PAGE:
Photo of Dr David Turner

Dr David Turner BSc (Hons) PhD FHEA CBiol MRSB

Group Leader & Tenure Track Fellow Musculoskeletal & Ageing Science

Research

Research Overview

Our lab's interests lie in taking quantitative fixed and live-cell approaches to understand cell decision-making processes during early development. We use mouse embryonic stem cells (mESCs) to study these processes in 2D and 3D Gastruloid culture. Gastruloids are aggregates of mESCs generated in non-adherent culture, which are able to effectively recapitulate many of the processes of early mammalian development such as symmetry-breaking, polarisation, gastrulation-like movements and the development of the three embryonic axes. Crucially, Gastruloids are easy to generate, can be experimentally manipulated with ease, and can be used to ask questions which are exceptionally difficult or impossible to address in the embryo.

Using Gastruloids to study axial patterning

2D and 3D embryonic stem cell models for development: (A,B) mESCs grown in 2D and stained as indicated. (C-F) Gastruloid culture showing high reproducibility (C), their general development through immunostaining (D), and in situ hybridisation chain reaction (E), and live imaging (F).
2D and 3D embryonic stem cell models for development: (A,B) mESCs grown in 2D and stained as indicated. (C-F) Gastruloid culture showing high reproducibility (C), their general development through immunostaining (D), and in situ hybridisation chain reaction (E), and live imaging (F).

The exterior of all vertebrates is bilaterally symmetric, but their interior is highly asymmetrical in both the positioning and the anatomy of internal organs such as the heart, viscera, lungs, gut and brain. The patterning process that leads to this left-right (LR) asymmetry is highly conserved, with the same positional bias in structures such as the heart and visceral organs observed from amphibians to birds and mammals. In humans, failure to correctly specify the asymmetrical placement (situs) and orientation of the different organs leads to a number of pathologies and severe birth defects such as heterotaxia, situs inversus, right/left isomerism, and congenital heart defects. Therefore, in addition to its central biological importance, understanding the origin and regulation of asymmetric patterning has clear biomedical implications.

Despite a vast number of studies into the regulation of LR patterning, the precise mechanisms generating this asymmetry are still subject to debate. Furthermore, the only current methods available to study these events involve the use of forward or reverse genetics in animal models. Although these have been used to great effect, they are difficult to manipulate, expensive and require large numbers of animals to ensure proper statistical power.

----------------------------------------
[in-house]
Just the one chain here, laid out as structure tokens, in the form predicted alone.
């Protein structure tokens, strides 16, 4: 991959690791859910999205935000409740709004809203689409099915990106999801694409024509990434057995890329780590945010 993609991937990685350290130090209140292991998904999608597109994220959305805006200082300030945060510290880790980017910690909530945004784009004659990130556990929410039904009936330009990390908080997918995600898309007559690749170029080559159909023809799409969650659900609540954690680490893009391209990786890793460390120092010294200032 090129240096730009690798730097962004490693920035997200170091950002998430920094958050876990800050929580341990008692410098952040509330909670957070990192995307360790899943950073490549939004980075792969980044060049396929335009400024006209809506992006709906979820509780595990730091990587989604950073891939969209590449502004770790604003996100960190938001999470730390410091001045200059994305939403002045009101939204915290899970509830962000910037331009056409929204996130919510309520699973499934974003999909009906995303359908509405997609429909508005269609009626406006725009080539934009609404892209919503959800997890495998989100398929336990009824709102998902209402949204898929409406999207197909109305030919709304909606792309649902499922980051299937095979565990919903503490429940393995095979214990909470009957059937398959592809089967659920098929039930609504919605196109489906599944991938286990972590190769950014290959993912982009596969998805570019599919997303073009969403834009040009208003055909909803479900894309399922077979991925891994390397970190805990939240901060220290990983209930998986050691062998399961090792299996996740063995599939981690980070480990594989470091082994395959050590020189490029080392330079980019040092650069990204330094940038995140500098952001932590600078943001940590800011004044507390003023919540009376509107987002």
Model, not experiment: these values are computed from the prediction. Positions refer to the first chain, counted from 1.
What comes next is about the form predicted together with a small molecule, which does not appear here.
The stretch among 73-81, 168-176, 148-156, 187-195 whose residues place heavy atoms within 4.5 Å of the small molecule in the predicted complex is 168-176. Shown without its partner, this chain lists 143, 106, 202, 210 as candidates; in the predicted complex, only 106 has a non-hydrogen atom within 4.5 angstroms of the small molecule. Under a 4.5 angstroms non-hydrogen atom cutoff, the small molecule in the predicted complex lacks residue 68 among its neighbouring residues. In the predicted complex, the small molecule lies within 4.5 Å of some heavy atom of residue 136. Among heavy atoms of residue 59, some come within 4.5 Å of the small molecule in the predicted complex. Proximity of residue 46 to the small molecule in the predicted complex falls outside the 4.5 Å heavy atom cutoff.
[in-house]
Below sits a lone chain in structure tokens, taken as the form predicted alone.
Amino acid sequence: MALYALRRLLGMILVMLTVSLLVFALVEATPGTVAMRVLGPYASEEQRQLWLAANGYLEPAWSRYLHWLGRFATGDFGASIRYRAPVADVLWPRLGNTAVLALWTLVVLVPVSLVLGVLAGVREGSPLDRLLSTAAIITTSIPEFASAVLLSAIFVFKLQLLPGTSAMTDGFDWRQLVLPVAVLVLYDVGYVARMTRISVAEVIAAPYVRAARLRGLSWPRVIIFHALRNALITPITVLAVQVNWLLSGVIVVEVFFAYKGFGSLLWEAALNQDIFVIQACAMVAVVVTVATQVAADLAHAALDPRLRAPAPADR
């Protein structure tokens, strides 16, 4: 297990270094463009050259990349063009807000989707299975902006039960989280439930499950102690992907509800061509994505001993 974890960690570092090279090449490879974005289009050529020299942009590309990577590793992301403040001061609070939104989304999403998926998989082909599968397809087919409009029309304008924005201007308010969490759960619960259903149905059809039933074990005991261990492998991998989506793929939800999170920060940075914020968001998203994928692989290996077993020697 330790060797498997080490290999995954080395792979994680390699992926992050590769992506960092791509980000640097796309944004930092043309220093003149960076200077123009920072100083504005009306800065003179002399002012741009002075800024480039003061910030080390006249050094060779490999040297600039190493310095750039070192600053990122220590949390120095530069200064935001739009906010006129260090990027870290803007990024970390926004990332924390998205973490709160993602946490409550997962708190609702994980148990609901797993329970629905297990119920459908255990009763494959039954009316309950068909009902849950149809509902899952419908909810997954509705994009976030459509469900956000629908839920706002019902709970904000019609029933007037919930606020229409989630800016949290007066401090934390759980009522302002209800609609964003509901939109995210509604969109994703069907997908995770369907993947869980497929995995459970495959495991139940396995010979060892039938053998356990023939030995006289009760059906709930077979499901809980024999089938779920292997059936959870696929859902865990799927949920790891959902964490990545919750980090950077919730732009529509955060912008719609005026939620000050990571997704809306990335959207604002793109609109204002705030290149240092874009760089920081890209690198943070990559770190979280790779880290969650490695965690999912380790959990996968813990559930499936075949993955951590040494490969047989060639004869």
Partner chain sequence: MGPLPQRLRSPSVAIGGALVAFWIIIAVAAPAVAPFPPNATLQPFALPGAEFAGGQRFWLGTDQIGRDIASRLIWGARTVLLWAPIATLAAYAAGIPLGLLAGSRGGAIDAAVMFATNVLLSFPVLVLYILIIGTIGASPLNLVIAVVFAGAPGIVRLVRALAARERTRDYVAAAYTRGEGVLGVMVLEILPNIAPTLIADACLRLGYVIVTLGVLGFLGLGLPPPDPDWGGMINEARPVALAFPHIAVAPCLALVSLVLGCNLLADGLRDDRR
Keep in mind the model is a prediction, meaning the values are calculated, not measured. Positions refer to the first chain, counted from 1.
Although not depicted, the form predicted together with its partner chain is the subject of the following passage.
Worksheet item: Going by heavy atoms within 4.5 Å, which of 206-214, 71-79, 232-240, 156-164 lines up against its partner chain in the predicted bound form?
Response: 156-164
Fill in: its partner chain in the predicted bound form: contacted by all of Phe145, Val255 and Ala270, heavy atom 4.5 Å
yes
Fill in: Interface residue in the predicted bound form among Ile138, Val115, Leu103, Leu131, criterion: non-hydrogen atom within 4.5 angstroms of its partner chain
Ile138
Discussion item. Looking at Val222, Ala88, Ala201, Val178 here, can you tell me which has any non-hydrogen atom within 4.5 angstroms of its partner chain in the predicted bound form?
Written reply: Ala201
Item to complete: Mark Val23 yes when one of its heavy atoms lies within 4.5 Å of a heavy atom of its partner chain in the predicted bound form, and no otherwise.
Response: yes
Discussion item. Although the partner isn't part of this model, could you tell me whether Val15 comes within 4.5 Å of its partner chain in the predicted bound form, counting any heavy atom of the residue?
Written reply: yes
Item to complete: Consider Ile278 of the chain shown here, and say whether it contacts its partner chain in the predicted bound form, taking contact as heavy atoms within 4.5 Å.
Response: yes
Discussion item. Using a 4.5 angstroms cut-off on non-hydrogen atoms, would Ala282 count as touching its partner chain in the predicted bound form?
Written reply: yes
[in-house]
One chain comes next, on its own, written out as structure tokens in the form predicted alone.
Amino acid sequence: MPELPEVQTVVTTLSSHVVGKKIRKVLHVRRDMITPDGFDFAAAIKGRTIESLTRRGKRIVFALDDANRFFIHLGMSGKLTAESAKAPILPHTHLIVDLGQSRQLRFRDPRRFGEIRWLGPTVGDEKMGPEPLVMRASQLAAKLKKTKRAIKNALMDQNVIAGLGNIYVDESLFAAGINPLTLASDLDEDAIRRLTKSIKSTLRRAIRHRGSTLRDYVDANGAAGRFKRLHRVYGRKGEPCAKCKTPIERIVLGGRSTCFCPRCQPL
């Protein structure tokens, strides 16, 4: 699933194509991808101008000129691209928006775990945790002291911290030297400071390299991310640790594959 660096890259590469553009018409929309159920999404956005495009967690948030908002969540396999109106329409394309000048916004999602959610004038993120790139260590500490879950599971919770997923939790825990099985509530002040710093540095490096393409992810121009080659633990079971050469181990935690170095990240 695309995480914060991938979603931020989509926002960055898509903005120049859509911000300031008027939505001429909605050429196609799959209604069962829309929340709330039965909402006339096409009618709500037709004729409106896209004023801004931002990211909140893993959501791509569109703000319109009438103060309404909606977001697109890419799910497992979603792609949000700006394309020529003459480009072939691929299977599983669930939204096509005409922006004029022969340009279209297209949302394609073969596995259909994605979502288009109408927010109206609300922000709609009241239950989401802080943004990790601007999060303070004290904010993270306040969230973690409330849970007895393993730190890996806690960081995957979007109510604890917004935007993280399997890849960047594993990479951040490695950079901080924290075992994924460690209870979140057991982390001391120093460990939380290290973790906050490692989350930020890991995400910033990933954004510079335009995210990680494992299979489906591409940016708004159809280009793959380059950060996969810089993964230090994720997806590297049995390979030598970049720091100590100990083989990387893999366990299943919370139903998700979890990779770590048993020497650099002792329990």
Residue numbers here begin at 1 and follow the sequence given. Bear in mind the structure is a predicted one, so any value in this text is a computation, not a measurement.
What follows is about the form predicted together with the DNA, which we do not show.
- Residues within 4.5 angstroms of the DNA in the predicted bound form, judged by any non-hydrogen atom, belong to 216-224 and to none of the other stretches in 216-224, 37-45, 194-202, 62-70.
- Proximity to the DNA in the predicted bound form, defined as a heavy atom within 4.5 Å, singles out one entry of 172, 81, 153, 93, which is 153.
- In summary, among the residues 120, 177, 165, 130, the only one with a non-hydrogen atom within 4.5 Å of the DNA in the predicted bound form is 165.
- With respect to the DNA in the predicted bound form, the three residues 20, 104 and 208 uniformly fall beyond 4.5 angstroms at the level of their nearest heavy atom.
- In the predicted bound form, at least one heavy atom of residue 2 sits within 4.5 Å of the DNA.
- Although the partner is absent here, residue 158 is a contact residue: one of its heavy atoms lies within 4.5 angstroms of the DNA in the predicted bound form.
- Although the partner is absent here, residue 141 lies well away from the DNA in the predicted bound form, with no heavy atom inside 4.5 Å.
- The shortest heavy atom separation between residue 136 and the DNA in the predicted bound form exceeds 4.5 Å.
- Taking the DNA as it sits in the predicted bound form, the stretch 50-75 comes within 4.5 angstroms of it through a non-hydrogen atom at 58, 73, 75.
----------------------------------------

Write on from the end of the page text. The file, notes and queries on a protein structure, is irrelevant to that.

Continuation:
We are taking an alternative approach to study the mechanisms of LR asymmetry by using a novel technique called Gasturloids. Gastruloids ('Embryonic Organoids) are 3D aggregates of mouse embryonic stem cells (mESCs) that, over time, develop axial organisation and display gastrulation-like movements that mimic events in embryos. Gastruloids generate all embryonic axes (anteroposterior, dorsoventral, mediolateral), and develop bilateral asymmetry, similar to LR-asymmetry. This patterning is associated with a Node-like structure that is dependent on Nodal signalling, as in the embryo.

This opens up a unique experimental system to study the molecular mechanisms associated with the emergence of LR asymmetry in the mammalian embryo as well as a system for the study of genes and disease states. Such an experimental system allows experiments to be performed which are otherwise difficult to accomplish in embryos and since it is a tissue-culture based assay, it has the added benefit of replacing, reducing and refining the requirement for animal-based studies.

The role of NF-κB in early development

In vivo studies using the mouse embryo has allowed us to dissect many cell-fate decisions that lead to defined cell and tissue identities, however at this stage of development, embryos are difficult to manipulate, expensive, and require large numbers of animals to ensure proper statistical power. Embryonic stem (ES) cells, offer a useful and tractable alternative model to study cell fate decision- making due to their unlimited capacity for self-renewal, and their ability to differentiate into all tissues and lineages of the embryo proper. This approach simplifies the experimental system, and has the potential to provide a more nuanced understanding of how key cell-fate decisions are modulated during early development.